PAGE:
Which drives us to our knees, praying daily and desperately for the power and presence of the  Holy Spirit to pour like living water into our minds and hearts every day, re-creating us more and more into image bearers of our Lord.
So much we could say on that – THANKS for raising that thought!
 
2.  If one has not been baptized, but has made Public Profession of Faith, is that the same thing?
Great ask.
In short, “No!” they are not the same.
We profess Jesus publicly over and over.  When we come to Christ we profess Jesus, and then are baptized in response.  Then, over the years, we continue to re-profess faith in Jesus.  But baptism marks our membership in the holy family of God.  That seal is applied to us once, and only once.  Either at the time of conversion – or when we are born into a home of believers.
So, if we have professed faith in Christ but not been baptized, the next step would be to explore becoming baptized.  Why wait?  Why NOT receive the sign of our adoption into the Royal family of heaven?
3.  Having the baptismal font near the exit of the church building is a good reminder of our baptism as we head out into the world.  Any suggestions, though, for M/T/W/Th/F/Sat on what to do to remind ourselves of our baptismal identity?
Glad you pointed to the need for such reminding.  We’re only headed out the church building that one moment of the week.  The challenges and temptations that seek to derail our baptismal living face us all week long.
Martin Luther is said to have made it a habit to look in the mirror each morning to say, “Brother Martin, remember your baptism.”   We might do this – perhaps with the aid of a little sticky note on the bathroom mirror.  What else could we do?
Let’s begin by admitting that for many of us this is totally new turf.  Not sure about the rest of you, but I was NOT raised to think about my baptism.  Once in a while someone would ask when I did my first profession of faith.  But never about my baptism, and how that affected the way I viewed my identity.  Which is a shame, really, coming from a faith tradition that says it values the covenant between God and believers, and that the key sign/seal of that covenant is baptism.  Really, in my own little head baptism was something that new converts received, and the children of believers received.  And then, once done, we move on, leaving baptism on a dusty shelf in the recesses of the mind, whether baptized as adults or children.
What a shame!
We have much to learn and recapture in grounding our identity in baptism – in the life, death and resurrection of Jesus poured onto and into us, washing us, and re-birthing us! Please re-read Romans 6:1-14, which calls us to a life of obedient discipleship.  Notice the anchor point of that passage – baptism!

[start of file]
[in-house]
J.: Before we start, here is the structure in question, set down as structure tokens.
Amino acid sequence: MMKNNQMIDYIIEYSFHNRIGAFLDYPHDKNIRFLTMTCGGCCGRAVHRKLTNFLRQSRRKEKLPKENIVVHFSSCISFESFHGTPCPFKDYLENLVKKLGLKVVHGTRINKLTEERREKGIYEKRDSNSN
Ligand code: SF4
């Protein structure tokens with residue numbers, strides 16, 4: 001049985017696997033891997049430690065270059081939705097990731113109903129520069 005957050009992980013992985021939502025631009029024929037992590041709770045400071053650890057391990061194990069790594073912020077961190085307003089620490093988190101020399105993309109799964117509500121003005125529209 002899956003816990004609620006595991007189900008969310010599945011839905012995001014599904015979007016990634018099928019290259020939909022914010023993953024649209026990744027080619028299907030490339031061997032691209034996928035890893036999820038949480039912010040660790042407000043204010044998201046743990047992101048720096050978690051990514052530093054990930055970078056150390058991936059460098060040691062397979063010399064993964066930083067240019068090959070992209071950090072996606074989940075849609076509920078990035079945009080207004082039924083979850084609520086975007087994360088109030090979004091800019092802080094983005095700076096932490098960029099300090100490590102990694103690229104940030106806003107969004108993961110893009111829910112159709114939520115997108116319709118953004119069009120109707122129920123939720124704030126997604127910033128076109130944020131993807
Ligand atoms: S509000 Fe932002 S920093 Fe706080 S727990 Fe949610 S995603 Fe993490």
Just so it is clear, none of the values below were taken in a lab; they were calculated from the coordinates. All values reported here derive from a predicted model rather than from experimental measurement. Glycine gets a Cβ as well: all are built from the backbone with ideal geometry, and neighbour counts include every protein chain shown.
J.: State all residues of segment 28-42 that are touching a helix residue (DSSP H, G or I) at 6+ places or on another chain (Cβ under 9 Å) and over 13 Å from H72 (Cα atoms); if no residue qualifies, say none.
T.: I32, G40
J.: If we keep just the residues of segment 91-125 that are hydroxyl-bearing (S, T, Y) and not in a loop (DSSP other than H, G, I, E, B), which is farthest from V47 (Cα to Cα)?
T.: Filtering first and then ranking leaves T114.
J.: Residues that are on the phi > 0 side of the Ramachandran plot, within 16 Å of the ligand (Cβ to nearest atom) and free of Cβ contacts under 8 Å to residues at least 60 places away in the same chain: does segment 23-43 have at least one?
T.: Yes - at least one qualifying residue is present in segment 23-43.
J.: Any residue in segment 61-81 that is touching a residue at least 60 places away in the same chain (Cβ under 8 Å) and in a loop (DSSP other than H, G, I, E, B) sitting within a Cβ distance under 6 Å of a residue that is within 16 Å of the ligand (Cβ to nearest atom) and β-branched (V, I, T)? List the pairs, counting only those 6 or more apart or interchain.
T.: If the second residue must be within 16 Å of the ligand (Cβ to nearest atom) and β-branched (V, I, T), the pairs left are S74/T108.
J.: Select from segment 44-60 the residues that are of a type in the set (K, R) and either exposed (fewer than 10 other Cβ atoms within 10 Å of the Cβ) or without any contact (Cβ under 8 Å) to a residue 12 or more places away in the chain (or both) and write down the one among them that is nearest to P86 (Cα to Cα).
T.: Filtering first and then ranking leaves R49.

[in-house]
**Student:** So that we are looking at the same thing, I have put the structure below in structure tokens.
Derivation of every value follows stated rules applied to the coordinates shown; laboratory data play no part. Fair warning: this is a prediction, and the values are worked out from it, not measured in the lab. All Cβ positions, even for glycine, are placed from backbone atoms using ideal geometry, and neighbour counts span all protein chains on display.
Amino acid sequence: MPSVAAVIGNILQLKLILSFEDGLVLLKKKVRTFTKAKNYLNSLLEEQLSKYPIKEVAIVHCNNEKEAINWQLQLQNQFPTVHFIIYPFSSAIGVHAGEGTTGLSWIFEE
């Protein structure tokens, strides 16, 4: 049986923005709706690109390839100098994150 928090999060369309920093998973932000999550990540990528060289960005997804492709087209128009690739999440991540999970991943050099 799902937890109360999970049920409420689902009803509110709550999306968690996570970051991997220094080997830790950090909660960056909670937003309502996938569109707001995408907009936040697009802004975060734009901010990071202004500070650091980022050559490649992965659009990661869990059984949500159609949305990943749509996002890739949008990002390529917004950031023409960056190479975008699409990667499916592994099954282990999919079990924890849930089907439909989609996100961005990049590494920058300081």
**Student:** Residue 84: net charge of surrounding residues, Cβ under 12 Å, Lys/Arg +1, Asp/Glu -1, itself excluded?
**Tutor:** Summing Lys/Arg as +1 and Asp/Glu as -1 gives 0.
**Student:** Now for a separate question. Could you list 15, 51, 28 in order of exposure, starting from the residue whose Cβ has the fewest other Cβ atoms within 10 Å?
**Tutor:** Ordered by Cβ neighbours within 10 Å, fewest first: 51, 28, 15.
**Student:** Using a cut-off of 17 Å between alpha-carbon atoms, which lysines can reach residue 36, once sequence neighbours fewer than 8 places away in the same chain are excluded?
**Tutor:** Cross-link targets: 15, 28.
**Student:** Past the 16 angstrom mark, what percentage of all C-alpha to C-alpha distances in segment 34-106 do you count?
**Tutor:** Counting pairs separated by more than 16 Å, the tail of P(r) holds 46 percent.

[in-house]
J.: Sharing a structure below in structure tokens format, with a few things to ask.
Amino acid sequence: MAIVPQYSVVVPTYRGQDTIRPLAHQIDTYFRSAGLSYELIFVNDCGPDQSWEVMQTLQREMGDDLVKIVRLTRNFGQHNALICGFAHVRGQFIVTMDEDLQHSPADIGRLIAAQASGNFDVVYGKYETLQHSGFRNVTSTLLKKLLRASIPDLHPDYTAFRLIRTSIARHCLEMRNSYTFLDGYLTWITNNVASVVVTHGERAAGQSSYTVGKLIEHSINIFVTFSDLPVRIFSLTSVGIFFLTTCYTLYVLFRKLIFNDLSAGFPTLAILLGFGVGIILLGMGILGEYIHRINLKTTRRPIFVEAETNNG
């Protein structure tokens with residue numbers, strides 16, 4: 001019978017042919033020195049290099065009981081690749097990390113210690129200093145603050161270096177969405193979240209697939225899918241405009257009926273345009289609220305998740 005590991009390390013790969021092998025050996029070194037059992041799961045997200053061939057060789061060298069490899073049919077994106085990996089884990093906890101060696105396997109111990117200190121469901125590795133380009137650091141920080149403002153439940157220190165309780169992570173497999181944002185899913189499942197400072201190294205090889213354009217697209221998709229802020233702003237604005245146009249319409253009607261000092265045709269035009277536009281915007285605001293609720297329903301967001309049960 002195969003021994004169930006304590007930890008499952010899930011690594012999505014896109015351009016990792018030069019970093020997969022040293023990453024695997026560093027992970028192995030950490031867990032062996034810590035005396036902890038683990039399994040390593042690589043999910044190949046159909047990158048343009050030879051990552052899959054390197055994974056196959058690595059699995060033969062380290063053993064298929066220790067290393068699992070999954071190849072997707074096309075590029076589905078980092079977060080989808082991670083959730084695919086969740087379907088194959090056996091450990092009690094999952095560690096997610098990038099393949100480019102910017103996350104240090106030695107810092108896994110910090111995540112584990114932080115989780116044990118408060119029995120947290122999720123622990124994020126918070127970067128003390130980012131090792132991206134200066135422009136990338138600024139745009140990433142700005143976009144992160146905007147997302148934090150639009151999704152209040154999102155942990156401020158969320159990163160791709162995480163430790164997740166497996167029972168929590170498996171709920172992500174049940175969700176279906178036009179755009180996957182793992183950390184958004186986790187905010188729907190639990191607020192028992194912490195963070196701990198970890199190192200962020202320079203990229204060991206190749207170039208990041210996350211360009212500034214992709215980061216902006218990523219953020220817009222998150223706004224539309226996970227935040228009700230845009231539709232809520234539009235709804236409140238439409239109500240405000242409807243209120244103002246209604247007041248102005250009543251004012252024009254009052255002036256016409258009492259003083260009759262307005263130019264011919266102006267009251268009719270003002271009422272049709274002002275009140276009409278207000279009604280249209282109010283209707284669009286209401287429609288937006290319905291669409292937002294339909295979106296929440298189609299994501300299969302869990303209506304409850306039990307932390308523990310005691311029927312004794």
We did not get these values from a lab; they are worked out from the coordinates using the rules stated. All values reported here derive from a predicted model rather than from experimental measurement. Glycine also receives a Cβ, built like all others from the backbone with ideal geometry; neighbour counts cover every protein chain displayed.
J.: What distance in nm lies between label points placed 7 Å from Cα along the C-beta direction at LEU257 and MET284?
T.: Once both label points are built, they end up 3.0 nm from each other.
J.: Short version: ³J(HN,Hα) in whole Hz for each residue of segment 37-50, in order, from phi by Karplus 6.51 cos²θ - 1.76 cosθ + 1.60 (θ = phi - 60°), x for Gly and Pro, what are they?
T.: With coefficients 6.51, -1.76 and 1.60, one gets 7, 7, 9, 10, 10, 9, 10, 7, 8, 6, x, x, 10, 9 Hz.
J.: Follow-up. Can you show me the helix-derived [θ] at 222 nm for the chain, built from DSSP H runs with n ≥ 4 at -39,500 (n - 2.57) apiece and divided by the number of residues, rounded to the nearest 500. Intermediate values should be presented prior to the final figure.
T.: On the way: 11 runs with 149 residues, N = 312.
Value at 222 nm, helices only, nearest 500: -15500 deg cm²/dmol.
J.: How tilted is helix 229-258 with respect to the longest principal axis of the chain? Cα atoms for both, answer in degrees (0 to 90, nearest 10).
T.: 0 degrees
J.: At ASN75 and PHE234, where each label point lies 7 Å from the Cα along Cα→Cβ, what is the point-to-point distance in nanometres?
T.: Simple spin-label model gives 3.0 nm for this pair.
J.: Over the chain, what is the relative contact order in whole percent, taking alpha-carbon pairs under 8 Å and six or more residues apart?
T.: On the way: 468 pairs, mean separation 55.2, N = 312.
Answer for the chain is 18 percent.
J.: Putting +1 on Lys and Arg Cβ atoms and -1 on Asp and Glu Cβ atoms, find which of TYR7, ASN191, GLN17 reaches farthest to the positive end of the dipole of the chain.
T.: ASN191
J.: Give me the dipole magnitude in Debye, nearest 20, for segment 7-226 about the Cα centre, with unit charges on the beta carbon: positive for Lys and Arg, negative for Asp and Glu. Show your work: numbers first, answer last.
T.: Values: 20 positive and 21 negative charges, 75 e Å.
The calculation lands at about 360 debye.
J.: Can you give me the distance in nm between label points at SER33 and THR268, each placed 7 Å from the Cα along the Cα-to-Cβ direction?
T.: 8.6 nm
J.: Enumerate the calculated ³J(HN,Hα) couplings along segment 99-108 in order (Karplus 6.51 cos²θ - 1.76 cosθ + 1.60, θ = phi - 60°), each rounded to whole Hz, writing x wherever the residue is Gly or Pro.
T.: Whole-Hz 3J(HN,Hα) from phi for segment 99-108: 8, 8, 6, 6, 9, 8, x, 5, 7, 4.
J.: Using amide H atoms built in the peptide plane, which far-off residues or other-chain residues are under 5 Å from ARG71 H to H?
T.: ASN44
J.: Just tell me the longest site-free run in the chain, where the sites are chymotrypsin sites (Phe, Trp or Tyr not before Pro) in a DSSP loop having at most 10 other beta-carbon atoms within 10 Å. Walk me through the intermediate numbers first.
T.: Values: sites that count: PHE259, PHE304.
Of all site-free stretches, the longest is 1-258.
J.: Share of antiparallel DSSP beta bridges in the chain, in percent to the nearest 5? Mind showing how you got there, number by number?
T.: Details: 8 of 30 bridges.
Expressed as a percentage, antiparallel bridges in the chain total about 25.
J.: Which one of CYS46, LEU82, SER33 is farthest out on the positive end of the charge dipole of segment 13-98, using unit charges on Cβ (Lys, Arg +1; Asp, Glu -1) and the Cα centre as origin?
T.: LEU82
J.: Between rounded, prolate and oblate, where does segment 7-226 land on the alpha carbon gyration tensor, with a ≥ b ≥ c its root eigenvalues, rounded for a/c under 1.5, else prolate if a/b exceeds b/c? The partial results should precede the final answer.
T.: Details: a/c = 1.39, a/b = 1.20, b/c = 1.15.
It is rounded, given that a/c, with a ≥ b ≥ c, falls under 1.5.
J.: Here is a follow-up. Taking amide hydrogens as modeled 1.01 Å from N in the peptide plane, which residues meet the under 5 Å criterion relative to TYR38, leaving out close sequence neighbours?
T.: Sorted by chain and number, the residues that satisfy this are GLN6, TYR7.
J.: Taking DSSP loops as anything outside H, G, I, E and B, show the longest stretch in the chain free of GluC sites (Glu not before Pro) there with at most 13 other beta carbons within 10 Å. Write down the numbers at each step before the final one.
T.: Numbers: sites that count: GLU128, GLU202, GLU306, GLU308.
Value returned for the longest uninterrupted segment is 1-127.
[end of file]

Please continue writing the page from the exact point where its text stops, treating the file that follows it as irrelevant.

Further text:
Were you baptized as an adult?  Remember!!  And prayerfully, submitting to the Spirit’s presence and power, recommit daily to live out that baptism identity your whole life.  If you are not intentional about it, one day the memory of that baptism will fade, and with it, your sense of identity in Jesus.
Were you baptized as an infant?  Remind yourself that you were baptized, at a time when you were helpless and unable to save yourself — just as in the helplessness of sin, Jesus rescued and saved you!  Recommit daily to live out that baptism identity your whole life.  If you are not intentional about it, one day the fact that you were baptized will fade from consciousness, and with it, your sense of identity in Jesus.
So….
Besides dipping your hand in the baptism waters as you leave the sanctuary on those Sundays when the font is at the entrance to the world, what ELSE can you do?
1.  Seriously consider the sticky note idea on your mirror.  Or on the cover of your laptop. Do like Luther.
Here are some other suggestions which you submitted:
2.   “I’m going to let the water run over my hand after I brush my teeth, and give thanks for Christ washing me.”
3.   “I remind myself of my baptism identity in Jesus when I come daily to God in prayer, study his word, and help our community – these things remind me that I am a child of God.”
4.  “Interestingly, a few days ago I decided that this summer I’m going to start out every day with changing the water in our bird bath instead of waiting until it’s scummy with algae!  Well, there’s something like a baptismal bowl about a birdbath.  I’m going to try to let this activity remind me of my baptism.”
5.  “If we didn’t have a dish washer now I’d try to think of my baptism every time I washed dishes.  It was in 1976 while my hands were in the soapy dishwater washing breakfast dishes that the Lord gave me a huge longing for his joy in my life and then he flooded me with it–a joy that lasted for months!  It was a taste of heaven. Maybe I should go back to washing dishes by hand again :-)”
6.  “For me it begins with grace said traditionally at meals – an opportunity to remember we receive all things from God, received with gratitude.  I tend to begin my meal first with a sip of the juice or water by my plate.  For me that is a remembrance that it all begins with the cleansing power of Jesus.”
Thanks to all who  contributed to this conversation in faith.
And to all of you for tracking along with our faith journey at Kemptville Christian Reformed Church.
We will pick it back up again next Sunday, May 18.  Hope you’ll be able to join in – either in our Sunday 10am worship service, or via the podcast that’ll be posted on pastorkensnotes.com.
In the meantime, if you have some thoughts to add to this conversation, love to see your comments on this blog post.